A recent Ontario court decision has reinforced the Supreme Court of Canada’s message that the leave requirement in secondary market securities class actions is much more than a mere “speed bump” for would-be class action plaintiffs.  Indeed, Justice Belobaba’s July 24, 2015, decision on leave and certification in Coffin v. Atlantic Power Corporation makes it clear that putative securities class actions will be rigorously scrutinized and that the leave test will serve as a cul de sac for unmeritorious secondary market claims. 

Atlantic Power involved allegations that the defendants had misrepresented Atlantic Power’s ability to maintain its dividend, thereby causing certain shareholders and debenture-holders to sustain losses when the dividend was cut and the company’s share price dropped. Claims were advanced under the Ontario Securities Act and at common law.

Leave Test – Statutory Claim

Section 138.8 of the Ontario Securities Act provides that a court must be satisfied that the action was brought in good faith and that “there is a reasonable possibility that the action will be resolved at trial in favour of the plaintiff” before leave will be granted to bring a statutory secondary market claim. There being no suggestion that the action was not brought in good faith, Justice Belobaba focused his analysis on whether there was a reasonable possibility that the action would be resolved in favour of the plaintiffs at trial.

Referencing the Supreme Court’s decision in Theratechnologies v. 121851 Canada Inc., Justice Belobaba noted that the leave threshold must be more than just a “speed bump” and that it is there to ensure that “cases without merit are prevented from proceeding.” The question he considered, therefore, was whether “after considering all of the evidence presented by the parties, does any part of the plaintiffs’ case have a reasonable or realistic chance of success at trial? Or is the plaintiffs’ case so weak or has it been so successfully rebutted by the defendants that it has no reasonable possibility of success?”

After a careful review of the evidence presented by the parties, including more than 14,000 electronic records produced by the defendants, Justice Belobaba concluded that “[t]here were no misrepresentations by assertion or omission, and no material changes that were not disclosed.  There is no reasonable possibility the plaintiffs can show otherwise at trial”.  He reached those conclusions notwithstanding multiple emails, written long before the dividend cut was announced, in which Atlantic Power employees discussed the likelihood and imminence of a dividend cut.  The plaintiffs took the position that these emails demonstrated that the company knew or should have known that the dividend would be cut long before the public was notified.  Justice Belobaba disagreed. He found that employees were entitled to their own views but the evidence was uncontroverted that the board of directors did not make a decision to cut the dividend until the day that it announced its decision. He also concluded that there had not been a “material change”, as neither the reduction in the dividend nor the events that led to the reduction of the dividend could properly be considered to be a change in the company’s “business, operations or capital”.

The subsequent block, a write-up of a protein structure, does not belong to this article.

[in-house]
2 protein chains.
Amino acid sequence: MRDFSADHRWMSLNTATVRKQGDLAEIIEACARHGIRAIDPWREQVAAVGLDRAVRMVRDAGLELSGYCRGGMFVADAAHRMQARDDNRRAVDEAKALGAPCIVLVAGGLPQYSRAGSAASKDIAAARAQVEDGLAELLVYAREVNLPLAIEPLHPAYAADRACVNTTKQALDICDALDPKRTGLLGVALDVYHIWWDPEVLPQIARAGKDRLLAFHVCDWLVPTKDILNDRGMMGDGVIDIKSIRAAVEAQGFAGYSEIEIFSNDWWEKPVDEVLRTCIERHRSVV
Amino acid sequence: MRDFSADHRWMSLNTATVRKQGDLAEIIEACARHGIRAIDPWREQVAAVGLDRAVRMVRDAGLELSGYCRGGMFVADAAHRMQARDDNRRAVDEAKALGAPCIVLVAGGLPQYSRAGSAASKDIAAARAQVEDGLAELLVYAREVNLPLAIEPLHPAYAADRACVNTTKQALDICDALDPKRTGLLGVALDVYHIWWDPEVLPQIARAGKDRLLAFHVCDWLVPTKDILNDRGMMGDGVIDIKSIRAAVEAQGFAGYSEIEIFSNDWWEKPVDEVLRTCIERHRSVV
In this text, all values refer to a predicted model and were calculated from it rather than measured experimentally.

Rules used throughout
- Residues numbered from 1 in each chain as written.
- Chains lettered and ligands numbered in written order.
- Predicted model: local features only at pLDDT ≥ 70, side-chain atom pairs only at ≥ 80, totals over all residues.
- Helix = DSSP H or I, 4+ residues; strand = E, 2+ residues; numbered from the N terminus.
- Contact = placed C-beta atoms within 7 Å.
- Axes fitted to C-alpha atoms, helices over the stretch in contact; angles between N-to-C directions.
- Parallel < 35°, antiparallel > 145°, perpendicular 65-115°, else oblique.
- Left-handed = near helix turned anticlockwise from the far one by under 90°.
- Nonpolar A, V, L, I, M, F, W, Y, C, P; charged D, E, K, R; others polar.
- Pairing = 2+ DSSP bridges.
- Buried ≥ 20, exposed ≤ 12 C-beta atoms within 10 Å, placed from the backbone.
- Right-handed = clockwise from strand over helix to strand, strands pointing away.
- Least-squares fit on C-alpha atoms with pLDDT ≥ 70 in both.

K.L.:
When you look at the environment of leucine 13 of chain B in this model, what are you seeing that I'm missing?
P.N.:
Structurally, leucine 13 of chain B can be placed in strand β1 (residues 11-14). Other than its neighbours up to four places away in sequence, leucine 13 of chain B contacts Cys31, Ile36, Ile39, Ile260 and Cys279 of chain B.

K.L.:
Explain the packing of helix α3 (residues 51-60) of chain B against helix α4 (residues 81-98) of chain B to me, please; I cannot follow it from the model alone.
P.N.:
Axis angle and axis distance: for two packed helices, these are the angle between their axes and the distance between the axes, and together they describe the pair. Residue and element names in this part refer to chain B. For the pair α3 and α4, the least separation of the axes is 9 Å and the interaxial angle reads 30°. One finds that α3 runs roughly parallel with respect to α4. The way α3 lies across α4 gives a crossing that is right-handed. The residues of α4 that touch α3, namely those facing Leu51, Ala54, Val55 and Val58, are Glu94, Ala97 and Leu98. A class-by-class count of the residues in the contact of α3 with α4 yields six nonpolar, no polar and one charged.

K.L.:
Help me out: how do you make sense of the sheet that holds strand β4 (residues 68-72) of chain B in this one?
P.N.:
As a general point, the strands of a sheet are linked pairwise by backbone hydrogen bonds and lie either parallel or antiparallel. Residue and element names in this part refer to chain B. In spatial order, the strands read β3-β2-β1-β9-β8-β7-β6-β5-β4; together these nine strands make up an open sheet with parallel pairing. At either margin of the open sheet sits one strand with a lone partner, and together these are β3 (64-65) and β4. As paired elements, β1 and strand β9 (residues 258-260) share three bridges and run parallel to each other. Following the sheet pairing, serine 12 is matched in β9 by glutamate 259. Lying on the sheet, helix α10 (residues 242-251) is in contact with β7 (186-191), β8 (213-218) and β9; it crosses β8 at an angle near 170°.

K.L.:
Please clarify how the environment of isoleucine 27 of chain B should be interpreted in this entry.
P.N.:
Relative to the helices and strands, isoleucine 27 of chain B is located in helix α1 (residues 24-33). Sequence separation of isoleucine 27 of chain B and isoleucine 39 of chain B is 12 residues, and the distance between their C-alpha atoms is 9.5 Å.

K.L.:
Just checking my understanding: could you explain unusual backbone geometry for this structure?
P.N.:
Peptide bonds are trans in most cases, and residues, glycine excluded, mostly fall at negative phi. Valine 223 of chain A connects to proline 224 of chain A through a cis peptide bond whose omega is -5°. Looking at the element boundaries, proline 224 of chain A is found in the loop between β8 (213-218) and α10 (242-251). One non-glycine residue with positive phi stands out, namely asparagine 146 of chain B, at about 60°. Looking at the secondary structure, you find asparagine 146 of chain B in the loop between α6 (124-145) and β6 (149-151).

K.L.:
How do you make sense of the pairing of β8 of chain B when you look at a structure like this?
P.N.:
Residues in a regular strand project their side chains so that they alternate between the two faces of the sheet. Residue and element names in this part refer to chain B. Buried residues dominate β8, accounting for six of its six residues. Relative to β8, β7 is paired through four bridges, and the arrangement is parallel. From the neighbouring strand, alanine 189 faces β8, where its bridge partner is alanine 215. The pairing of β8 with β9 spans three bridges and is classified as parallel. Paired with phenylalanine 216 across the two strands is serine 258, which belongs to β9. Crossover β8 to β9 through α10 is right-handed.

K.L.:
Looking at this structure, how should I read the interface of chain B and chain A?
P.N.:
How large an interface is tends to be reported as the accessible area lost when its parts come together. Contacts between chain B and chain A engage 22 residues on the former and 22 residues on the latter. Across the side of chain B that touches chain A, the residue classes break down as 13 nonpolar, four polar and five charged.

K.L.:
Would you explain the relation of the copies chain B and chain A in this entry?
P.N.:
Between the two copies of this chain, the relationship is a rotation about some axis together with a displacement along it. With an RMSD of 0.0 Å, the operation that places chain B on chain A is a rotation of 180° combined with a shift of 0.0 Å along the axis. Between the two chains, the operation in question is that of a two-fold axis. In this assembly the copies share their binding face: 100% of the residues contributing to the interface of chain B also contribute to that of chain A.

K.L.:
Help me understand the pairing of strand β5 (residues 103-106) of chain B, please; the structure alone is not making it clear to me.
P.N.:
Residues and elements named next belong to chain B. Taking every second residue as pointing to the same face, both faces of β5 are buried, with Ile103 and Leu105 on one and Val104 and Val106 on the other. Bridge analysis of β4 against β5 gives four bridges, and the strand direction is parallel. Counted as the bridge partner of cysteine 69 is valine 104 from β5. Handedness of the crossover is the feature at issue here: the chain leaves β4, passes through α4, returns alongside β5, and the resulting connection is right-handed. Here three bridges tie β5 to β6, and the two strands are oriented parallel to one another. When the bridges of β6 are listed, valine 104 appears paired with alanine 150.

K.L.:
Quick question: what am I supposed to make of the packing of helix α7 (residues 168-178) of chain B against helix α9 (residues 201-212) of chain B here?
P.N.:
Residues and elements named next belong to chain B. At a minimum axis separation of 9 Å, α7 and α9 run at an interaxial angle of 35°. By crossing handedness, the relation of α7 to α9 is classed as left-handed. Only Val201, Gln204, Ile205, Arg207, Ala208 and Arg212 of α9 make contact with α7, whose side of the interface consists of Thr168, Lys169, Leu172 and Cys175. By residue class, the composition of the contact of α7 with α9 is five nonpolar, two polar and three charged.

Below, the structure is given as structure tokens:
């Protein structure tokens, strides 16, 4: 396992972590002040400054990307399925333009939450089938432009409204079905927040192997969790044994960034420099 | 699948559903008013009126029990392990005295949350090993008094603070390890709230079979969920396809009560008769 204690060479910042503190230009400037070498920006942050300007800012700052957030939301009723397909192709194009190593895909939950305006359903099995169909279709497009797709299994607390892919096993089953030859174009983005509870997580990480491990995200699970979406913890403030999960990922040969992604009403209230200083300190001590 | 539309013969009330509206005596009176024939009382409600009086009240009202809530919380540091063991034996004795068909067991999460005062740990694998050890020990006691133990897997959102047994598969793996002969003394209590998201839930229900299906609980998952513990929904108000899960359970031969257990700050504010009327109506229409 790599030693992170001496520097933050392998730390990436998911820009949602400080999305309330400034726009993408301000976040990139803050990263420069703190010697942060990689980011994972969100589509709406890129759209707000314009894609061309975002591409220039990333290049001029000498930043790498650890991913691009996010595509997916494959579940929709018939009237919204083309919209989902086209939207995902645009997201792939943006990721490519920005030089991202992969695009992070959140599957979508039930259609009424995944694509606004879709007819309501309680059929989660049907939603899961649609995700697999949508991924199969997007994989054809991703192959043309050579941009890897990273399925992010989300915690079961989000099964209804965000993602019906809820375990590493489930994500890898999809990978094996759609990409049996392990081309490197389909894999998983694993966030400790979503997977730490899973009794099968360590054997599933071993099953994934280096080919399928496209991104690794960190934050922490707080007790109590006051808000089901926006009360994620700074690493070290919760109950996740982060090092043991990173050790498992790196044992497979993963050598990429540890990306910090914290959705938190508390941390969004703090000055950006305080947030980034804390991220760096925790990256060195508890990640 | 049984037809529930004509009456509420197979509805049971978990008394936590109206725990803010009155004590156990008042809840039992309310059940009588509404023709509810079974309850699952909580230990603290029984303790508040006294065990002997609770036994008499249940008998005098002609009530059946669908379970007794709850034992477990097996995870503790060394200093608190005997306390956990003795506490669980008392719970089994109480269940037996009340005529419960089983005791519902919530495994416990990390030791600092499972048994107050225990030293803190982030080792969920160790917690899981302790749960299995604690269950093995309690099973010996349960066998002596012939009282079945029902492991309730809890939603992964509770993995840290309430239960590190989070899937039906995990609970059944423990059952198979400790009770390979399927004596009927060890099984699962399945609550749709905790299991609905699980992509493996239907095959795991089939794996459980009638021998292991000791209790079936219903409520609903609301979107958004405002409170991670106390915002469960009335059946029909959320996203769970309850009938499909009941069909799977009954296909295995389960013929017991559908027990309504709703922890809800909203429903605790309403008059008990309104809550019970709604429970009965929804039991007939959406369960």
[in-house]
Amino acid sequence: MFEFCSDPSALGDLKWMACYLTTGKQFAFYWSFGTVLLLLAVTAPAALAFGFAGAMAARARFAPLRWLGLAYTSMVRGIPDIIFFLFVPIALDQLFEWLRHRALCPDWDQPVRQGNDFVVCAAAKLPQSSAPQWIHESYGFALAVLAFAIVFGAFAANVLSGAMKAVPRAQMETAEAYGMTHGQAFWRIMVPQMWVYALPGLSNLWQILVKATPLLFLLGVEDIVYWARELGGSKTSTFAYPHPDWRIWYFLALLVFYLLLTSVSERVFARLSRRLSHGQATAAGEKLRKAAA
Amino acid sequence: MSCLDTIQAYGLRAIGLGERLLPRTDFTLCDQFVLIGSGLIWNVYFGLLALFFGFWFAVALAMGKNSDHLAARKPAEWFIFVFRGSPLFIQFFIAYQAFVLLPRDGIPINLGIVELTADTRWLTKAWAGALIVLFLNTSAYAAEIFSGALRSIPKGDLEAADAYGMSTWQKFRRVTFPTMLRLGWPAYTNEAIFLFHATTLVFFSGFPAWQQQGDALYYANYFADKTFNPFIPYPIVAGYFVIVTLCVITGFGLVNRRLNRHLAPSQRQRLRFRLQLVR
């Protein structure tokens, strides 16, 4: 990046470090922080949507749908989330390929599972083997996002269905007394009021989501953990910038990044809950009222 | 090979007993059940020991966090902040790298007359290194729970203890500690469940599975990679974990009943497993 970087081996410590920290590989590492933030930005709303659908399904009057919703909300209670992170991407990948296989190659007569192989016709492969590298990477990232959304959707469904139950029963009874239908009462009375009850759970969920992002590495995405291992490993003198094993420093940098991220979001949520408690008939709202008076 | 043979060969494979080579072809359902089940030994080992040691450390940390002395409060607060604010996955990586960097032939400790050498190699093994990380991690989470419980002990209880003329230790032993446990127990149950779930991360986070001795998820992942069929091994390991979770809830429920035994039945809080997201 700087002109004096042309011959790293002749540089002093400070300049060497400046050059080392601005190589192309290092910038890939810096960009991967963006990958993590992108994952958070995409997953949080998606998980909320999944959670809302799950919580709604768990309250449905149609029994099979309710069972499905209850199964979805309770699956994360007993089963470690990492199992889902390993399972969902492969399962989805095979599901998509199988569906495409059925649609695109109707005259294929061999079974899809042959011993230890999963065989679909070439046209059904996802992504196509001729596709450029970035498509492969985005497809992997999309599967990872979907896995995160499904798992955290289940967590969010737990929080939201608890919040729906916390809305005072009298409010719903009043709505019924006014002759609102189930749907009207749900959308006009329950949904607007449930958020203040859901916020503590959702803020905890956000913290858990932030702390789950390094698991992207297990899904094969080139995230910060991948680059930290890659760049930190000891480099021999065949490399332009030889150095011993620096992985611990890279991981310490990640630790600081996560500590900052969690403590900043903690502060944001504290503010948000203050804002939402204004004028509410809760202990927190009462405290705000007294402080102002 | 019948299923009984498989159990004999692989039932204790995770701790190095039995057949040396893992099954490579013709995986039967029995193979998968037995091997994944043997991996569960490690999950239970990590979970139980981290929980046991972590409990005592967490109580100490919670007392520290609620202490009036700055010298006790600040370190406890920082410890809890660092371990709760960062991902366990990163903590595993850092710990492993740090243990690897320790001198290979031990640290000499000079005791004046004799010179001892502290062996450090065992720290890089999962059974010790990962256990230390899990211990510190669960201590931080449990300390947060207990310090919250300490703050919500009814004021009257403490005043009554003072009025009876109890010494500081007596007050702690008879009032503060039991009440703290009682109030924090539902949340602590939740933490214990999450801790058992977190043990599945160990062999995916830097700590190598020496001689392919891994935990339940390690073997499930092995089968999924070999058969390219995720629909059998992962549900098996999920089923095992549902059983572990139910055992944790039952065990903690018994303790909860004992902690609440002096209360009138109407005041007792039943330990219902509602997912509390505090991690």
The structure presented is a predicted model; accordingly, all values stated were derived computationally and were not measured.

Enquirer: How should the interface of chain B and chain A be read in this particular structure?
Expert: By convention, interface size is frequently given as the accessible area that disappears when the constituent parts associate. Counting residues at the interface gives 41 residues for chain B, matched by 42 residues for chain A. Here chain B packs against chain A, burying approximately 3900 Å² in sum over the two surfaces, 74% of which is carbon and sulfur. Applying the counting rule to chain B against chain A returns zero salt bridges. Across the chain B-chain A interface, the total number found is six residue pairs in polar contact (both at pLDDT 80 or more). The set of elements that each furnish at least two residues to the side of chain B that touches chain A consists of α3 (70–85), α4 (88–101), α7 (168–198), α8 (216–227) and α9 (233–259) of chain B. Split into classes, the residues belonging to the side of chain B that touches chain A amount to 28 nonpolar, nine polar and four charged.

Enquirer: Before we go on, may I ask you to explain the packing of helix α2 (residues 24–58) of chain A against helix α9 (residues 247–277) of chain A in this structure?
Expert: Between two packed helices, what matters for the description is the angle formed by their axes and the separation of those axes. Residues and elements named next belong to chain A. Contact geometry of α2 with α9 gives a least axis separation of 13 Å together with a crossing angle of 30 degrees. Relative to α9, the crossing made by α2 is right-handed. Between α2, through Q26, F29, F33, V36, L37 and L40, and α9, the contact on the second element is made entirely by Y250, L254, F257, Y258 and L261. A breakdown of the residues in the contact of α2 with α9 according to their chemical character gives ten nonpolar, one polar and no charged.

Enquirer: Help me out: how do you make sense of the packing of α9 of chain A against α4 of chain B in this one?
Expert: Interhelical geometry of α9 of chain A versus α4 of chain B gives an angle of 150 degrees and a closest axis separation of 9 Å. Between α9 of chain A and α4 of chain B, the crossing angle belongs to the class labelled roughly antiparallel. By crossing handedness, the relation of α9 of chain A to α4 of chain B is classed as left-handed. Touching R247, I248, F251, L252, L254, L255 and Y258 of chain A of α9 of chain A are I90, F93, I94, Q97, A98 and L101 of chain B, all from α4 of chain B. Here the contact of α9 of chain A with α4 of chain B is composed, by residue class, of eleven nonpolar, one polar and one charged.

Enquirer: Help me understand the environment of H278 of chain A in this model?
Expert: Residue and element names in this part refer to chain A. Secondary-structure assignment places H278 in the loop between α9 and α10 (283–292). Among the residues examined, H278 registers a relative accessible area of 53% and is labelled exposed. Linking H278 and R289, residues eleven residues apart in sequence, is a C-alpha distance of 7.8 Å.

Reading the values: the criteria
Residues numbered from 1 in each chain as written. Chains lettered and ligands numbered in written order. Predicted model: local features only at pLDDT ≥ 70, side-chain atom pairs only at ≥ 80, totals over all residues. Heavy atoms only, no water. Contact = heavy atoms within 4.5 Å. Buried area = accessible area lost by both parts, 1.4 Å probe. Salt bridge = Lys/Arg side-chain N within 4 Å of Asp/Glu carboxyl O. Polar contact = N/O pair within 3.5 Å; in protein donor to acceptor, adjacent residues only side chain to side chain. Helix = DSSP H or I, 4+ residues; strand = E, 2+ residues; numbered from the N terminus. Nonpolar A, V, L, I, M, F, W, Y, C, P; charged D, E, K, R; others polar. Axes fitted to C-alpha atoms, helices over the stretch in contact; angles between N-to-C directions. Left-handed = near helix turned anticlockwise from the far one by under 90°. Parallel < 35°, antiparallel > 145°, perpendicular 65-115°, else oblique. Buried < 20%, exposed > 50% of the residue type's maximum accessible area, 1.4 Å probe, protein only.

Common Law Claims

Justice Belobaba also declined to certify the plaintiffs’ common law misrepresentation claims. 

His analysis, buttressed by the Court of Appeal’s statement in Bayens v. Kinross that “generally, common law negligent misrepresentation claims in securities cases are not suitable for certification”, focused on the individualized nature of reliance-based claims. He concluded that the Court of Appeal had closed the door, correctly in his view, to any further use of the American-based efficient market/fraud on the market theory to establish inferred reliance in a common law negligent misrepresentation claim. Further, Justice Belobaba observed (again quoting Bayens) that “[t]o allow common law claims where corporate and shareholder protections set out in the OSA lave provision are not available would render the [statutory] remedy and the protective leave provision redundant”.

He also found that the denial of leave for the statutory claim was a relevant factor in determining whether the preferable procedure requirement for certification was satisfied. Because the common law claims rested on the same evidentiary foundation as the statutory ones, it followed that these claims also had no reasonable prospect of success. On this basis, Justice Belobaba concluded that “[e]ncumbering the parties and the courts with a complex class action that is destined to fail promoted neither judicial economy nor access to justice. Therefore, a class action is not a preferable procedure.”


The decision in Atlantic Power continues an important trend of positive decisions for issuers, directors and officers in respect of secondary market claims.  Those decisions demonstrate the seriousness with which Canadian courts are taking their gate-keeping function in screening out unmeritorious claims. Atlantic Power also highlights the usefulness, in appropriate cases, of defending leave motions with substantial responding evidence, thereby permitting the court to give effect to the Supreme Court of Canada’s direction in Theratechnologies that the leave test should serve as a “robust deterrent screening mechanism.”